Wednesday, December 19, 2007

Tobias Buckell-- Ragamuffin-- Review

The Chupacabra

Tobias Buckell-- Ragamuffin is a science fiction novel. It is his second novel. Unfortunately, I couldn't get the first book in the setting, Crystal Rain from the library. I had reserved it at the library, but it never came.

In a way, this novel is quite hard to review because of its non-traditional structure. It is a novel in three parts. The first part is the opening sectin of the novel, Nashara, the main heroine of the novel is on a human reservation, she assassinates an alien Gahe breeder for the Human League so she can earn passage off world. The opening is a bit confusing because it immediately jumps into action sequences without explanation.

The second part of the novel is set on Angade, a human world which has been cut off from the wormhole network which links the different worlds in the story. The world is very interesting, it contains two cultures, a kind of Caribbean island culture led by the original settlers, and a proto-Aztec culture controlled by the alien Teotl. The action starts in the second part when the alien Teotl reopen the wormhole leading to Angade. The Teotl are the last remnants of their species fleeing genocide by the Satrapy, the masters of the wormholes. The Teotl have a message, the Satrapy wants to wipe out the human race.

The third part brings together the first two parts in a climactic battle between the human agents of the Satrapy, the Hongguo who are charged with suppressing human technology and the Ragamuffins, a group of human pirates of caribbean island descent. The setting is around the world of Angade.

This is a difficult complex books in many ways. There is use of dialect, and presentation of cultures not normally seen in most science fiction settings. The different factions, the Human League, the Ragamuffins, the Angade, the Hongguo represent different human cultures. The Hongguo appear to be Asian, the Angade a mix of Aztec and Caribbean, and the Human League might be Russian. Add to the mix the alien Teotl and the alien Satrapy and you have a very complex world.

The best part of this book is the world and culture building. The setting is quite unique. Humans are not on top. They live at the edges of the Satrapy on reservations, on backwards worlds, as second class citizens on space stations. Earth has been cut off from the wormhole network so they develop their own civilization. Technology is suppressed by the Hongguo so there is not a lot of super technology.

The alien Teotl are convincingly done. They are well described as aliens. The Satraps are in the background acting as puppet masters, so their presence is felt as a kind of hidden force.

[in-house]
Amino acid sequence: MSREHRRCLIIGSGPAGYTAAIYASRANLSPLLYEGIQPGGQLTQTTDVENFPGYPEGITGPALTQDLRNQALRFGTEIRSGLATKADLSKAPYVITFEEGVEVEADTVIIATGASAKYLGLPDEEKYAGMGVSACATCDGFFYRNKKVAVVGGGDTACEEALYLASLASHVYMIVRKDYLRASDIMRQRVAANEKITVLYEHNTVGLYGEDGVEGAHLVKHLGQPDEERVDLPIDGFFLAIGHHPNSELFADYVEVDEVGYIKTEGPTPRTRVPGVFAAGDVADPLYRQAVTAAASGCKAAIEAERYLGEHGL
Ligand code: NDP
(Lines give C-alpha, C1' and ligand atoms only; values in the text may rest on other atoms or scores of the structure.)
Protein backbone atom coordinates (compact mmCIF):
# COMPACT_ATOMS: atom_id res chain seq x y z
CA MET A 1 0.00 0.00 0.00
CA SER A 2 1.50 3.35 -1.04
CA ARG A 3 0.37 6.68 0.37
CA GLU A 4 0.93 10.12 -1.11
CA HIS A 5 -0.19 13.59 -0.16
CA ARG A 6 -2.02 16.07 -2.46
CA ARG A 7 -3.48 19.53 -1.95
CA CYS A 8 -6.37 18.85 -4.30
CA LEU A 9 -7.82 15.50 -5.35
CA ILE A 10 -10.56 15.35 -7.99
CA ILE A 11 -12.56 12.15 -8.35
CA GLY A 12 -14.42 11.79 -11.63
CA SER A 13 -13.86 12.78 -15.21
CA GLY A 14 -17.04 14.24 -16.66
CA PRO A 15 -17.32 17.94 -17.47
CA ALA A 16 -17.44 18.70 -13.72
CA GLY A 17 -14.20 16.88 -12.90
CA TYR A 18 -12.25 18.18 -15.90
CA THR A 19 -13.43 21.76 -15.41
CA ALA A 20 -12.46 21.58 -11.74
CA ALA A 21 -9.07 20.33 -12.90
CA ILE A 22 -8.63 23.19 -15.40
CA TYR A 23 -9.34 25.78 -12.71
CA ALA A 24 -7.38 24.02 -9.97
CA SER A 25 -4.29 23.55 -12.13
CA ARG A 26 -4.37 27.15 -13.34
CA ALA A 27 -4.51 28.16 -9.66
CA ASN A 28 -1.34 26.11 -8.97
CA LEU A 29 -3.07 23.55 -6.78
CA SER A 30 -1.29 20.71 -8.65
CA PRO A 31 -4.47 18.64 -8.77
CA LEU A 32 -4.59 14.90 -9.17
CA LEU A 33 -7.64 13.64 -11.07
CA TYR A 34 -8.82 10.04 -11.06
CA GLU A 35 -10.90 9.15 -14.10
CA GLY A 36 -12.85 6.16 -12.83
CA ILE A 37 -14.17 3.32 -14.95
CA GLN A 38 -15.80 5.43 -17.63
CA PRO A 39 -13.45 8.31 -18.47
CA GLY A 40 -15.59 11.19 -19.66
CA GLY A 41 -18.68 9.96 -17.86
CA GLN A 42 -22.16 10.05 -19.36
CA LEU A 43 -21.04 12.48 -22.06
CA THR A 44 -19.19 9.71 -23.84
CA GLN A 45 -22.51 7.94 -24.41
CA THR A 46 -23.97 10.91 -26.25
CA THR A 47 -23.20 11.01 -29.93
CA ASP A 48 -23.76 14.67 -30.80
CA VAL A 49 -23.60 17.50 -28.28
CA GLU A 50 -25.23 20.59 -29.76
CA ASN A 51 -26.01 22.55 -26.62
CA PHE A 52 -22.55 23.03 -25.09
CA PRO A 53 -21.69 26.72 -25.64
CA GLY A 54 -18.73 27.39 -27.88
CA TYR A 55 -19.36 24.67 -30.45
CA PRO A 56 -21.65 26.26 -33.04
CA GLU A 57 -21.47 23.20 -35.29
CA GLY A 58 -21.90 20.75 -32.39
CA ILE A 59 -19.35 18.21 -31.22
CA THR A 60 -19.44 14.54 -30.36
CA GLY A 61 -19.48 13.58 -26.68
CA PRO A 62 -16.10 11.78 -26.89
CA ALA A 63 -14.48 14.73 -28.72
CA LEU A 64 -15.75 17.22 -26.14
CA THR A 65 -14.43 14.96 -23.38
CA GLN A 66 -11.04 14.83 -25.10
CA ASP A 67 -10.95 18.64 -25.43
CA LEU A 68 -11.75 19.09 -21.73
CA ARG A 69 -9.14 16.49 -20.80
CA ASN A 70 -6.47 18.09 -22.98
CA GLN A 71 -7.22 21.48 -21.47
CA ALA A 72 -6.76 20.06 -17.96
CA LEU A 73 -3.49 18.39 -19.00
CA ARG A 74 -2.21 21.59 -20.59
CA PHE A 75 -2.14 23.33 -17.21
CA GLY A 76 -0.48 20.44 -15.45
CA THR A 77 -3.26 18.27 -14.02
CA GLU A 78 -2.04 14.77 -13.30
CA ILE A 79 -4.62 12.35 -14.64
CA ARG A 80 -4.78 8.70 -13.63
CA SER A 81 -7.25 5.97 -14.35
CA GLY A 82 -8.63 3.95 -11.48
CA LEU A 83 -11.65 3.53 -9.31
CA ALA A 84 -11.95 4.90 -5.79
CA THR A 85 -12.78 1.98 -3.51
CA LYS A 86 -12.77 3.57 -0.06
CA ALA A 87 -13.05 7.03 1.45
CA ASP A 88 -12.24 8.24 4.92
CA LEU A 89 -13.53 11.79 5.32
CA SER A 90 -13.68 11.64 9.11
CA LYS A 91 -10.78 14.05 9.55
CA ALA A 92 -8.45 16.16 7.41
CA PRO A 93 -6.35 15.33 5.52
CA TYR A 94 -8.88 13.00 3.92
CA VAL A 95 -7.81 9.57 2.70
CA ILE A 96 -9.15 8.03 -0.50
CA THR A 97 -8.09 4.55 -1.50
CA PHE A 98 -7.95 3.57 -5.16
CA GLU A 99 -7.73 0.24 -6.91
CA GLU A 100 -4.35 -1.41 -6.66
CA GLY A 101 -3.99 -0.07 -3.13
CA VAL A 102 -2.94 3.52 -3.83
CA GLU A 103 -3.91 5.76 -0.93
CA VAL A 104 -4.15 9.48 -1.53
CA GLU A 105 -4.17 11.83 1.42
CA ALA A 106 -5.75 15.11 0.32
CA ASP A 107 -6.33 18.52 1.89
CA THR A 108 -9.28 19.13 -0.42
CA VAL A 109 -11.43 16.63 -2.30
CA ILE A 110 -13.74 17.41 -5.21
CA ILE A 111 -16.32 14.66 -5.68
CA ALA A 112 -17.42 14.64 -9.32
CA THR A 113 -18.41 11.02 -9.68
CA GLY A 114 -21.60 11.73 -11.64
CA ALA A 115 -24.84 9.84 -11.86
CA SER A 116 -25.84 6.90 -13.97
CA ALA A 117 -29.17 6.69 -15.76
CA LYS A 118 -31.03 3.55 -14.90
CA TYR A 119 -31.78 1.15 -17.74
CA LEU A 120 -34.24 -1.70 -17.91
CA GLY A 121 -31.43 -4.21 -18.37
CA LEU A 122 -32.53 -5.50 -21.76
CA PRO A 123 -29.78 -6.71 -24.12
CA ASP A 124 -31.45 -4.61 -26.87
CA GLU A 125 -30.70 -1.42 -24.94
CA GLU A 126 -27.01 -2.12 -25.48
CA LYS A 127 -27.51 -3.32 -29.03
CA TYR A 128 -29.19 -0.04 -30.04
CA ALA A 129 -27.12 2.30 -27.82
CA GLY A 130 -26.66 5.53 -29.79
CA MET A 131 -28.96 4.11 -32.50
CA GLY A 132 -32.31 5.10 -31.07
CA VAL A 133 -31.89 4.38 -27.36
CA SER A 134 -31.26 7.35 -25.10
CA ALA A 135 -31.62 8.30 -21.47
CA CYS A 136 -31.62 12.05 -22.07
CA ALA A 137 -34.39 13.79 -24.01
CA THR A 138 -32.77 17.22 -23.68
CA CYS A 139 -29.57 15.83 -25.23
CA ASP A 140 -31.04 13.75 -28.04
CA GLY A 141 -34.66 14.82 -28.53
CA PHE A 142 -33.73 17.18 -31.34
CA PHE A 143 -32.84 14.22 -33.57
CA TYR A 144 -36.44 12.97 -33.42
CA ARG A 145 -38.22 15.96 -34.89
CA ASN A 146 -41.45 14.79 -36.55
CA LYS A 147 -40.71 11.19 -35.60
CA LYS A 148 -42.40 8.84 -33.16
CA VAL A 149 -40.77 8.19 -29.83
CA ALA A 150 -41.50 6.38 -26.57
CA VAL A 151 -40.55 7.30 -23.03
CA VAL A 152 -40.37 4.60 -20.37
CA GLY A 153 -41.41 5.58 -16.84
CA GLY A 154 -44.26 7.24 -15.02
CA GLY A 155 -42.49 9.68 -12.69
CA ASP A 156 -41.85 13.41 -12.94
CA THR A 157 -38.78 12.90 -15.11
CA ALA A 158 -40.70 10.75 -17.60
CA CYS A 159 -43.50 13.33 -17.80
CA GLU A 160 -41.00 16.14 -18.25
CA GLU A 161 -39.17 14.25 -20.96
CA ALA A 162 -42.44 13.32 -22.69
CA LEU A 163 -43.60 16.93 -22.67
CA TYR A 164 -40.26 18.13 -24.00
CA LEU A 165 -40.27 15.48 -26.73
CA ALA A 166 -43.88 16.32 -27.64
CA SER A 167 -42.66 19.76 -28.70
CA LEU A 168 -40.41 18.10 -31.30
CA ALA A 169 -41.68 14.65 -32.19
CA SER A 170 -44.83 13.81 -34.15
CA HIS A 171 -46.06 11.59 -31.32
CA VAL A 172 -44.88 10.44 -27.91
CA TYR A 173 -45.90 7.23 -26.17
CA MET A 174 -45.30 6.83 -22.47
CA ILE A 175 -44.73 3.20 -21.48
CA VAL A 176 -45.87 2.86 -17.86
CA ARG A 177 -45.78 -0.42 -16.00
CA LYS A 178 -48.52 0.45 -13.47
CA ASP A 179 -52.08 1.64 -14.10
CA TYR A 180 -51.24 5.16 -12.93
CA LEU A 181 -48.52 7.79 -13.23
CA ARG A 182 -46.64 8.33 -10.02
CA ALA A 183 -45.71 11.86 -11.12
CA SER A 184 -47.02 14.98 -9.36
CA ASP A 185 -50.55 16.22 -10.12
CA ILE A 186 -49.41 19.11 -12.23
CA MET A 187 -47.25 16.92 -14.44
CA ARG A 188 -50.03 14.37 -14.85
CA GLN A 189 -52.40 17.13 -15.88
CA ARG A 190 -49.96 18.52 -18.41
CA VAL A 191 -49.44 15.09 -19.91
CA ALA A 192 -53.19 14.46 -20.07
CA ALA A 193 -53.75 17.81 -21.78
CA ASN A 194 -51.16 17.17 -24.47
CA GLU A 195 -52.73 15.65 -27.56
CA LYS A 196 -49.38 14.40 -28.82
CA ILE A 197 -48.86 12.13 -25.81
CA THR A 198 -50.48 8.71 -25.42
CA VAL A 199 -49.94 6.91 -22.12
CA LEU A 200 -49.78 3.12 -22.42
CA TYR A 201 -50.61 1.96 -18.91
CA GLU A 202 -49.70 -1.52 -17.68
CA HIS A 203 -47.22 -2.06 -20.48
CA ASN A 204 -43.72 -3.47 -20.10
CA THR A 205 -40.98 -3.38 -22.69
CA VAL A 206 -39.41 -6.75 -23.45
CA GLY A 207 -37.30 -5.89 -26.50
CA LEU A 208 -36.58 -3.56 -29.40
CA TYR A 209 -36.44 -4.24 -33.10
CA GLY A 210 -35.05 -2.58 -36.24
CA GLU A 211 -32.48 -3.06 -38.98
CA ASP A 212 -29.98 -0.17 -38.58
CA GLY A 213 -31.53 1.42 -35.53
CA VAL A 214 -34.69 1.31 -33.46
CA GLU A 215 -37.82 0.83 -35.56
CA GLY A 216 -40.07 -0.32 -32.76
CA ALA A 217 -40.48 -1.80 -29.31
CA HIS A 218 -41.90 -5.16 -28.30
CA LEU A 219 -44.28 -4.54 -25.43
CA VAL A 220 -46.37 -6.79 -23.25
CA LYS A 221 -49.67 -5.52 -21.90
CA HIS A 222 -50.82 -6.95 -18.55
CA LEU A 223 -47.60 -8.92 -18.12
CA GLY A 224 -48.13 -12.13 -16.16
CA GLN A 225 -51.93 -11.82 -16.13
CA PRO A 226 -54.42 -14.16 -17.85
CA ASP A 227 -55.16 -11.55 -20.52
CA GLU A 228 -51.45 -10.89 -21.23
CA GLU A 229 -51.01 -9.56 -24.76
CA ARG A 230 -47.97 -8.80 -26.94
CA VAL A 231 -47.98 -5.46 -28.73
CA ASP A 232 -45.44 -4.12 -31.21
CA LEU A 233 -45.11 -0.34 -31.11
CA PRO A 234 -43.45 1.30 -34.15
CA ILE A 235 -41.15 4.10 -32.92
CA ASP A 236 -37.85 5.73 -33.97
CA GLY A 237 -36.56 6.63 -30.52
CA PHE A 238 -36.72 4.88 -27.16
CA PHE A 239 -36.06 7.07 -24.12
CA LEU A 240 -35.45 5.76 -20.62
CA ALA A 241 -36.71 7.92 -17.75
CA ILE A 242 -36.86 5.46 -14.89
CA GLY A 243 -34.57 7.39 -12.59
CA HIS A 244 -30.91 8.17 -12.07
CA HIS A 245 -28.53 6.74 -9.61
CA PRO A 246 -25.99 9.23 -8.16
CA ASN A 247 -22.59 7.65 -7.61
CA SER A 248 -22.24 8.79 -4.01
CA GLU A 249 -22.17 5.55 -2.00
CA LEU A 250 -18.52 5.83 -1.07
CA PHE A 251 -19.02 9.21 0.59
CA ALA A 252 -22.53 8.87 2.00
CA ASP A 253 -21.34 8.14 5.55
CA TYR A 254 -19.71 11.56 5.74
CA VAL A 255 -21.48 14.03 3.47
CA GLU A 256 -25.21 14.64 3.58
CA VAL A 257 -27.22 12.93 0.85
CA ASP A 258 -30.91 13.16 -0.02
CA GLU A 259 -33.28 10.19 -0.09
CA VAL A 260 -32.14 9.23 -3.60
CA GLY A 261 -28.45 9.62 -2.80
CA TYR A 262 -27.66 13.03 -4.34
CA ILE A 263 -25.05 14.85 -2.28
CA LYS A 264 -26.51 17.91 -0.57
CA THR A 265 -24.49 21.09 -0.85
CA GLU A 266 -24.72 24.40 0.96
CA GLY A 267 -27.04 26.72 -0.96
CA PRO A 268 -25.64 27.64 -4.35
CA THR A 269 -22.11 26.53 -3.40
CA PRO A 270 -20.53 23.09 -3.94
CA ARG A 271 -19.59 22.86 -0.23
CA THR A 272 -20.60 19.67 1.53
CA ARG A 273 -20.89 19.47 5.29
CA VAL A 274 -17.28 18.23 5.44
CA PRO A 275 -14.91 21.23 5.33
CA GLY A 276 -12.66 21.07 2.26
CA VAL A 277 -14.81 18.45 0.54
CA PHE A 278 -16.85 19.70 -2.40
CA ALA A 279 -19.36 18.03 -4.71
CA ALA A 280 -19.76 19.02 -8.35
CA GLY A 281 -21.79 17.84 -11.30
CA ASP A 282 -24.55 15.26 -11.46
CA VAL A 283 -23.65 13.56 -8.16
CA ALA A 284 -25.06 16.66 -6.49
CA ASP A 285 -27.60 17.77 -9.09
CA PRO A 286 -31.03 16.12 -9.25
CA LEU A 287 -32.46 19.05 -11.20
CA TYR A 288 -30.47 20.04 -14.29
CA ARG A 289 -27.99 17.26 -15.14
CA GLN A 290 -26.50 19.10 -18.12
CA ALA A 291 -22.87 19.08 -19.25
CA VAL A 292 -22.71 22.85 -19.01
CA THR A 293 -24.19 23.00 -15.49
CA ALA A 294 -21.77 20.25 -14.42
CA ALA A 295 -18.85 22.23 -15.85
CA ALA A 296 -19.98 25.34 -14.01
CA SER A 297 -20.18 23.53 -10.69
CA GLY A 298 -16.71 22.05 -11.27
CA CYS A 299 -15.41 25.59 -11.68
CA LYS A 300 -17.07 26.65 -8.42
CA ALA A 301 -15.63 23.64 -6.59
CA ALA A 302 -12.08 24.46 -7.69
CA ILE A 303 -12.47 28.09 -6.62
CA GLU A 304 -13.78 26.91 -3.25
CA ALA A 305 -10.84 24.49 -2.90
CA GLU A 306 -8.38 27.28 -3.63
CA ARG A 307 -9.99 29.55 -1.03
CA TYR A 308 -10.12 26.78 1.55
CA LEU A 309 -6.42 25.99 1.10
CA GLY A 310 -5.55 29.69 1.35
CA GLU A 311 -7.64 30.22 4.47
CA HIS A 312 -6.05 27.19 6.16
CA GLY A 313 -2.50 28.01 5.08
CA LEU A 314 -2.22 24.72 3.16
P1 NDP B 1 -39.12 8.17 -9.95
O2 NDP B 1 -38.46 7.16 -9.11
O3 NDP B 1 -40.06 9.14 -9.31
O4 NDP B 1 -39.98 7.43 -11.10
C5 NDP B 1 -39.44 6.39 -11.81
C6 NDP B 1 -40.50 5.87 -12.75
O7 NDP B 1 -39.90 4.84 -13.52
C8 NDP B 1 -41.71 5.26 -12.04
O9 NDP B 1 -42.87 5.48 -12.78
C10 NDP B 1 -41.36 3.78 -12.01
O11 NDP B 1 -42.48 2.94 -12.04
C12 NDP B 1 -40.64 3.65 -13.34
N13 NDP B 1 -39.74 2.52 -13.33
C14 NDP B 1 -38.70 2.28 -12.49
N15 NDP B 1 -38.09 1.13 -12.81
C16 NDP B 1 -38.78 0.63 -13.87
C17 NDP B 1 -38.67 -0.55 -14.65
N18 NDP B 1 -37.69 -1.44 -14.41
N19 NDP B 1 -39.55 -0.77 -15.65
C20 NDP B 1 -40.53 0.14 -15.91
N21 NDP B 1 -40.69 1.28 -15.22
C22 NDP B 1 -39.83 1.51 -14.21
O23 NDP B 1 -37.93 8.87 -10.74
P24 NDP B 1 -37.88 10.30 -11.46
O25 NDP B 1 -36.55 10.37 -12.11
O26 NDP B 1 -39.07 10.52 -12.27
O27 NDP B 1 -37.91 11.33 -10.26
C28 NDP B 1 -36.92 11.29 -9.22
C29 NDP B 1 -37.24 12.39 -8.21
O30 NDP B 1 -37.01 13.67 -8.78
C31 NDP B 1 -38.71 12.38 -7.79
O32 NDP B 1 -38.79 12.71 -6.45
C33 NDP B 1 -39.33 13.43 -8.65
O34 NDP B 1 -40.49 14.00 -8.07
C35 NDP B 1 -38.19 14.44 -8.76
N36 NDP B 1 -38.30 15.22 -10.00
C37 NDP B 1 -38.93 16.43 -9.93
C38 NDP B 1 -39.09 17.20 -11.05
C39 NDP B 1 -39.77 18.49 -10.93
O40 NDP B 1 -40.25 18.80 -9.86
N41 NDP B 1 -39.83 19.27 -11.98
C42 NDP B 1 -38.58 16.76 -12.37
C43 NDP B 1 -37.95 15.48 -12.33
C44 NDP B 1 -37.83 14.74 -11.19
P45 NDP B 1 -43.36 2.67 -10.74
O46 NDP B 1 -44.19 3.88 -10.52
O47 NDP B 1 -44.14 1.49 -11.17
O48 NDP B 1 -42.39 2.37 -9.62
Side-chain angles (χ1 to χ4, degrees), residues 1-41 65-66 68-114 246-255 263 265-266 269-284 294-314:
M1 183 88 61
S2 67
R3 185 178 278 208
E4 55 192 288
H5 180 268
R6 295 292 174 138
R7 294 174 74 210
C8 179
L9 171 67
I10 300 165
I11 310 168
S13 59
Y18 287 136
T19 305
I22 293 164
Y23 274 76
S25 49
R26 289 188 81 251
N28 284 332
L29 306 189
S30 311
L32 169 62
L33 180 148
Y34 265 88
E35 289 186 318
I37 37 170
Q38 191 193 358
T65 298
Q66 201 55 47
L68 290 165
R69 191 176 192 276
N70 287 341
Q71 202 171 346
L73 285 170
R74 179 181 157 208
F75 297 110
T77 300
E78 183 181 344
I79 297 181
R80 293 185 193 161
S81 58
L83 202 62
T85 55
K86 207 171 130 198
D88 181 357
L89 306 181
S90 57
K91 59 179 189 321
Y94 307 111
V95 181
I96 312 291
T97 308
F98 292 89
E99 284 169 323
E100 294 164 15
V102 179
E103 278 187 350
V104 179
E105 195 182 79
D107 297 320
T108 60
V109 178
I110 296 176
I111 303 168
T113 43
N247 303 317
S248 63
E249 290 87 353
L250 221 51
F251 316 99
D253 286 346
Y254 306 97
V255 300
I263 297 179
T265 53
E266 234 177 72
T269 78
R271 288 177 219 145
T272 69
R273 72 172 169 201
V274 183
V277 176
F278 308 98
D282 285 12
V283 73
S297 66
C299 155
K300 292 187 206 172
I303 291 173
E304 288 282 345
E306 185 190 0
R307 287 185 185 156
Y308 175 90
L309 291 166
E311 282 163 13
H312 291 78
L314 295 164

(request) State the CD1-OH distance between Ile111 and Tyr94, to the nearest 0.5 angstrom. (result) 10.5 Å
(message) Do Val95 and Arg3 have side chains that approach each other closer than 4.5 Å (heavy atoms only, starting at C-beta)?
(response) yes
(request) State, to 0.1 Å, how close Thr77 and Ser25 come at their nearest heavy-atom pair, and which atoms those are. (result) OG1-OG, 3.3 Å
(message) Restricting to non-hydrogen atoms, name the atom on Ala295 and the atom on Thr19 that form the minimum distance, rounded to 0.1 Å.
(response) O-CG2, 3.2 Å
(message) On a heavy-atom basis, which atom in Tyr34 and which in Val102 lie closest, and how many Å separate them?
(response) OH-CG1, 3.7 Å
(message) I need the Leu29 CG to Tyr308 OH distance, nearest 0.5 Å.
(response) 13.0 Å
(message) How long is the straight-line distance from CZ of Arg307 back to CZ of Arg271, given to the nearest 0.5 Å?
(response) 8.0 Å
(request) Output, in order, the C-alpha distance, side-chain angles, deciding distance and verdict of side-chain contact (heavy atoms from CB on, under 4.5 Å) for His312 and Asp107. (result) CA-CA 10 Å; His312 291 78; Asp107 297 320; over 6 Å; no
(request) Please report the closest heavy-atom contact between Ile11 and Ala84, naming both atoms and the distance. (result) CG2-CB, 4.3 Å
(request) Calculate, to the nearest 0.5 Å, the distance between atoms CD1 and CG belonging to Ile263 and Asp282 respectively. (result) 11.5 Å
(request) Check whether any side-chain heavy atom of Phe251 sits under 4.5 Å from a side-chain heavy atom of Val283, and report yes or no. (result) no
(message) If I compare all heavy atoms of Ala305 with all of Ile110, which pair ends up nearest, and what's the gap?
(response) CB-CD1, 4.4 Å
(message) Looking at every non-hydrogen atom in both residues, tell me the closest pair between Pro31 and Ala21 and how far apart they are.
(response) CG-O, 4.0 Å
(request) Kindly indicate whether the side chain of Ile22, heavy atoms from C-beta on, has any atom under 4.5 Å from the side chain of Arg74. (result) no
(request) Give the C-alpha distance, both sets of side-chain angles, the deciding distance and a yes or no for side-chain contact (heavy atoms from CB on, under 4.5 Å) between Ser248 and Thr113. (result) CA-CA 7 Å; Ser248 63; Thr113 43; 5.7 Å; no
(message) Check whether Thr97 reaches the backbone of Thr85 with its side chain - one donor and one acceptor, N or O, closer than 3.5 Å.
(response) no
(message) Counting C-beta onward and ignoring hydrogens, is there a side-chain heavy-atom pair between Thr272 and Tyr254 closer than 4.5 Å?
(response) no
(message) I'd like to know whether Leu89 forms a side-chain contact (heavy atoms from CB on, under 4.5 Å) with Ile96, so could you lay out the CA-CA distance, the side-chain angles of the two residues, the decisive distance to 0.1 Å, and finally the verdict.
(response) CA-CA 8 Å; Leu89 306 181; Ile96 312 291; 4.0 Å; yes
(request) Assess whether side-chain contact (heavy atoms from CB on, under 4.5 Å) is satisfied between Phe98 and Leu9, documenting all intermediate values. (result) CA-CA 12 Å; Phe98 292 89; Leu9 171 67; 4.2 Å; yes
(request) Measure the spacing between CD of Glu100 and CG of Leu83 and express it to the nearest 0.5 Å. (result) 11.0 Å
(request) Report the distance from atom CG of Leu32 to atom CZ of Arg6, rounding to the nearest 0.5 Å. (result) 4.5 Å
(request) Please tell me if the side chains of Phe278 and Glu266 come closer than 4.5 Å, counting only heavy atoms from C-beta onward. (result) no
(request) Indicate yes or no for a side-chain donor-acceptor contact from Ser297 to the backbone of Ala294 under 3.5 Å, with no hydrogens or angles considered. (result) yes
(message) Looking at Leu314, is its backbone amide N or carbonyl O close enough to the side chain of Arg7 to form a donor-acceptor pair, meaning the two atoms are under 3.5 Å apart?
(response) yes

There is a lot of action in the novel. This could have been done better. Some of the fights are quite confusing. I thought the fight sequences should have been edited better. Sometimes what is happening is lost in the action.

I will read the first novel, Crystal Rain because I like the setting. I don't know of any other authors with a Caribbean viewpoint in science fiction. It really is a unique book. He also is unique in writing science fiction with multiple human racial backgrounds in his stories. Most people do not do this. They tend to make the aliens the other races.

I found the novel on the web while reading an interview of Tobias Buckell. Tobias Buckell has his own blog. . There is a lot of material on what it is like to write a novel and how you sell your first novel.


heather (errantdreams) said...

I loved this book and didn't have the problems with the action sequences that you did. I would recommend to potential readers that they try to read Crystal Rain first if at all possible, since the characters and locations from that book come into play in Ragamuffin, and it helps to have the background on them.

Book Calendar said...

Baen's Universe picked up Tobias Buckell's story Manumission. Baen is the premiere publisher of military science fiction. Hopefully, they will help improve his action sequences. They often pick up new authors and team them up with more experienced authors. I guess I am a bit jaded and used to authors like David Drake and Elizabeth Moon's action sequences who both served in the military.